Study links antidepressants use during pregnancy...
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Dec 14, 2015  |  Vote 0    0

Study links antidepressants use during pregnancy to autism risk

Physicians note risks is small and say further study is needed

OurWindsor.Ca

Quebec researchers say they have found an association between women who take antidepressants in mid- to late pregnancy and a higher risk of autism in their babies.

But while their study found the risk of autism almost doubled for children whose mothers took the drugs during second and third trimesters, it still amounted to a small number of babies affected — about 1.2 per cent, which falls within the range of autism prevalence rates.

The research was published Monday in the journal JAMA Pediatrics.

Use of antidepressants, particularly those known as selective serotonin reuptake inhibitors (SSRIs), and using more than one type of medication in the last six months of pregnancy “increases the risk of autism spectrum disorder in children, even after considering maternal depression,” the study concludes.

However, physicians in the field and an accompanying editorial in the journal, noted the risk is still small and urged caution when it comes to interpreting the results because it’s difficult to separate the impact of antidepressants on a developing fetus from the impact of the underlying mental health issues or other genetics.

“The study is not there to worry anyone,” study co-author Anick Berard, professor of pharmacy at the University of Montreal, said in an interview.

“It’s to give (mothers-to-be) extra data to make better informed decisions when having depression and contemplating treatment options, and also give data to the prescribing physicians.”

The study looked at 145,456 full-term babies born in Quebec between 1998 and 2009. It found that of the 2,532 infants born to women taking antidepressants during the last six months of pregnancy, 31 babies — or 1.2 per cent — were later diagnosed with autism.

That compares with 0.7 per cent of babies (1,008 of 140,732) who were diagnosed but whose mothers did not use antidepressants.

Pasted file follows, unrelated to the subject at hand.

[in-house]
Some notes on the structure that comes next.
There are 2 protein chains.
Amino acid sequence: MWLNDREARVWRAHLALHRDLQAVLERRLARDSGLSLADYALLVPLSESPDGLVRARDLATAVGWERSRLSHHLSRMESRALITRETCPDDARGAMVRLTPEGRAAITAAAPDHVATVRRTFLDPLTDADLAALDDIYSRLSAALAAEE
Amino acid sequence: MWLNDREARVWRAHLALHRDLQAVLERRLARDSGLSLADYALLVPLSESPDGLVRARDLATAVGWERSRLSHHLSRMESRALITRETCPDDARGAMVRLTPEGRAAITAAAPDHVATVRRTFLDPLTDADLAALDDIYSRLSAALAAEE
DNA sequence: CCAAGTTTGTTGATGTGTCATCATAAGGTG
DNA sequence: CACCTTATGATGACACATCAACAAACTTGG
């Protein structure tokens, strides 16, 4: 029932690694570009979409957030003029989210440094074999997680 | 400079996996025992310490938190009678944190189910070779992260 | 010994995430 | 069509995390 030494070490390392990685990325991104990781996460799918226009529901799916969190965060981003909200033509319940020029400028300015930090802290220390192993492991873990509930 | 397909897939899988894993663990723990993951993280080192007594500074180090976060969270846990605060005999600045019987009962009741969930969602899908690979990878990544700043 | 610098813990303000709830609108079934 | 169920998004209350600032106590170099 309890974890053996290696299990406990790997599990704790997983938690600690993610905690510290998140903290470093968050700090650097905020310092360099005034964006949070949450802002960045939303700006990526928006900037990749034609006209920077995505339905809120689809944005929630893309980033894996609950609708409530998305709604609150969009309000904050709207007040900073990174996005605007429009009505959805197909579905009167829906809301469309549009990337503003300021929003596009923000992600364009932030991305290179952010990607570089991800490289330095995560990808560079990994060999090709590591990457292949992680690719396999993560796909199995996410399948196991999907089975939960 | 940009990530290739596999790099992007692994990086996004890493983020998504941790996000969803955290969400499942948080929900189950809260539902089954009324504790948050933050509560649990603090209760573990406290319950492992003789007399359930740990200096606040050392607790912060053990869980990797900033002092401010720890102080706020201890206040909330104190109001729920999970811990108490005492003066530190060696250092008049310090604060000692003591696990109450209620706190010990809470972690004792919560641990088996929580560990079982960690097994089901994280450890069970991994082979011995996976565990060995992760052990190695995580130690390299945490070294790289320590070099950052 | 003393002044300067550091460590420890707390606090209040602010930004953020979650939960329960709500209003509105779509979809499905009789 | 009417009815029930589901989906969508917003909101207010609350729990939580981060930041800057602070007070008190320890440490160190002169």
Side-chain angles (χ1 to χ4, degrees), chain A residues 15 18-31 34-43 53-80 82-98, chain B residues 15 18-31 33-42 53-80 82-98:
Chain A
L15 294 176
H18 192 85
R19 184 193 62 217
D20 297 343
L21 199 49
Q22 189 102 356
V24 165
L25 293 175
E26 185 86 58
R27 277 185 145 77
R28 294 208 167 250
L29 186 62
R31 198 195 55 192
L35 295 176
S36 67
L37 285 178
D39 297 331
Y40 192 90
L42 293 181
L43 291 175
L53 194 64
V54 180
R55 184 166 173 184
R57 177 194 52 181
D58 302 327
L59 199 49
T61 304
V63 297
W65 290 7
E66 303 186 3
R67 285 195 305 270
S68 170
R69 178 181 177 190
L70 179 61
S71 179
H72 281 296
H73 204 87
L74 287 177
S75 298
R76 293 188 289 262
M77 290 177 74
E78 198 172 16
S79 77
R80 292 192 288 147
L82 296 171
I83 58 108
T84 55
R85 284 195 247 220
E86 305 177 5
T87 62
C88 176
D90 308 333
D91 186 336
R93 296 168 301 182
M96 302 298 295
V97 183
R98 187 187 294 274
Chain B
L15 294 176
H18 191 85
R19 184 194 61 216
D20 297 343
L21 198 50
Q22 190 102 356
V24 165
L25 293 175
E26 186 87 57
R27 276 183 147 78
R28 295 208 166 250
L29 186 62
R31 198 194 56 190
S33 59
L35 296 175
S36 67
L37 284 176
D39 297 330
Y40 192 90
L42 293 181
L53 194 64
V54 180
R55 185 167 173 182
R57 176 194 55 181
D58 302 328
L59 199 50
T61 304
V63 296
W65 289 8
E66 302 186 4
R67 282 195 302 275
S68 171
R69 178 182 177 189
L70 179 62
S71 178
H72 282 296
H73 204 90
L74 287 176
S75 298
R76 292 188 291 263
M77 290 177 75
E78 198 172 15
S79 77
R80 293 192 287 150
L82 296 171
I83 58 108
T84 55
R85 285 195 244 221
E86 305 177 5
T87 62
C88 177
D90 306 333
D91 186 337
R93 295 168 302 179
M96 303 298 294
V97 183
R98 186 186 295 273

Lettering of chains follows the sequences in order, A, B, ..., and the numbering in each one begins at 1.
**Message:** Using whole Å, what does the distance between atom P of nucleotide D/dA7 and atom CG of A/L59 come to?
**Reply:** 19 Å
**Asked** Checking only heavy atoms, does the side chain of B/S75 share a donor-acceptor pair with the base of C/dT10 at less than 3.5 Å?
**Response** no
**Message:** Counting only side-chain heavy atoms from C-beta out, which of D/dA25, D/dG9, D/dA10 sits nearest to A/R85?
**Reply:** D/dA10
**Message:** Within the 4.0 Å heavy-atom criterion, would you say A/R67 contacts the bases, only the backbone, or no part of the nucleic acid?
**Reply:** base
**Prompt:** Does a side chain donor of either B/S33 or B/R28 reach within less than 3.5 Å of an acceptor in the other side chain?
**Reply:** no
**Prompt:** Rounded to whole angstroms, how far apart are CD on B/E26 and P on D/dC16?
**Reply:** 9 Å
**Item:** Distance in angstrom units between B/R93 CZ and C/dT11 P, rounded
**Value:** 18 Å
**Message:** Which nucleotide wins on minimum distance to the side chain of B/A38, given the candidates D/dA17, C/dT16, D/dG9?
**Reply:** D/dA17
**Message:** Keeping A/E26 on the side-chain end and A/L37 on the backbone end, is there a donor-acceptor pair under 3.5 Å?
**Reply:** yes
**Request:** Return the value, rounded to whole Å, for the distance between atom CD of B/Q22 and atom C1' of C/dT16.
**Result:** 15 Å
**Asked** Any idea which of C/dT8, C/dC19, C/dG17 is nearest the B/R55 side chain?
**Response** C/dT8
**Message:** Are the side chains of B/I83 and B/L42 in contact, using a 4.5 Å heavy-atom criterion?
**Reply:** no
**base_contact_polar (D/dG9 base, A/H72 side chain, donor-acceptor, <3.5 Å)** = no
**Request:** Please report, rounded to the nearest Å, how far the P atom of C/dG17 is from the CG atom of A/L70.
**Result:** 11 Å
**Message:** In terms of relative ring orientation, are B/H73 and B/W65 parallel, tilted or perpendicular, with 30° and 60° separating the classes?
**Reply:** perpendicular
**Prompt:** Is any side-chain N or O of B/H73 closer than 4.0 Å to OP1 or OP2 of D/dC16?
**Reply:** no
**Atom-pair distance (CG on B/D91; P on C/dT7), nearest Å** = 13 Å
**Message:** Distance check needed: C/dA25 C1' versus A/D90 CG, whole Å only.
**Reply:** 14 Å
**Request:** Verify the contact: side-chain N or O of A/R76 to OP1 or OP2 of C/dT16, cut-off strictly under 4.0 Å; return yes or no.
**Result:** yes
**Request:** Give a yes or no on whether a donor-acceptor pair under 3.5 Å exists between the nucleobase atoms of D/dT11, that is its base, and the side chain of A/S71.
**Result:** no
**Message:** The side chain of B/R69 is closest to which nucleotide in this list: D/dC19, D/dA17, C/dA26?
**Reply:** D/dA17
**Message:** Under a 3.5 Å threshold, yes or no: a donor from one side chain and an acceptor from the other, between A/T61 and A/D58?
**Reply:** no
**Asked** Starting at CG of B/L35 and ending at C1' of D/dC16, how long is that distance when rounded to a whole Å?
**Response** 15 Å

Use of the drugs during the first trimester was not associated with higher risks of autism.

The prevalence of autism, a neurodevelopmental disorder that affects communication, behaviour and learning, has skyrocketed over the past 15 years and is estimated to affect anywhere from 1 per cent to as many as 1 of every 68 children.

The Quebec researchers cited statistics showing 4.5 per cent of pregnant women in Canada reported using antidepressants between 2001 and 2006, but a news release from University of Montreal said 6 to 10 per cent use the medication.

The Quebec study is observational and does not show causation, Berard said. But she called it one more “piece of the puzzle” as researchers strive to uncover some of the complex and interacting environmental and genetic factors that play a role in autism.

Depression should be treated, Berard added. But she said the majority of pregnant women with a diagnosis have mild to moderate cases that may be effectively treated through options such as psychological therapy and exercise.

A JAMA Pediatrics editorial also released Monday cautioned that the findings must be weighed against other risks, including the impact of untreated maternal depression, which can hinder infant development and has been linked to other complications such as preterm birth and low birth weights.

And it noted the study does little to clarify the issue for women struggling with whether or not to take medication while pregnant.

“It makes no more sense to suggest that (antidepressants) should always be avoided than to say that they should never be stopped,” wrote psychiatrist Dr. Bryan King of Seattle Children’s Hospital, adding that autism and potential causes of the neurodevelopmental disorder are complex.

While studying antidepressant use in pregnancy is important, it’s also very difficult to separate the effects of the medication versus the impact of the underlying depression that causes women to take the drugs, said Dr. Simone Vigod of Women’s College Hospital.

Even if the study findings are accurate, “we’re talking about really, really small numbers,” said Vigod, psychiatrist and researcher and head of the hospital’s reproductive life stages program.

“I think we have to be fairly cautious about interpreting it and make sure we’re not making women who really, really require these medications frightened.”

Vigod is currently working on a study exploring the effectiveness of a focal brain stimulation method known as transcranial direct current stimulation (tDCS) as an alternative to drugs for treating major depression in pregnancy.

“We decided to design this study because so many women are having so much difficulty with this decision about whether to take antidepressants or not.”

Toronto Star

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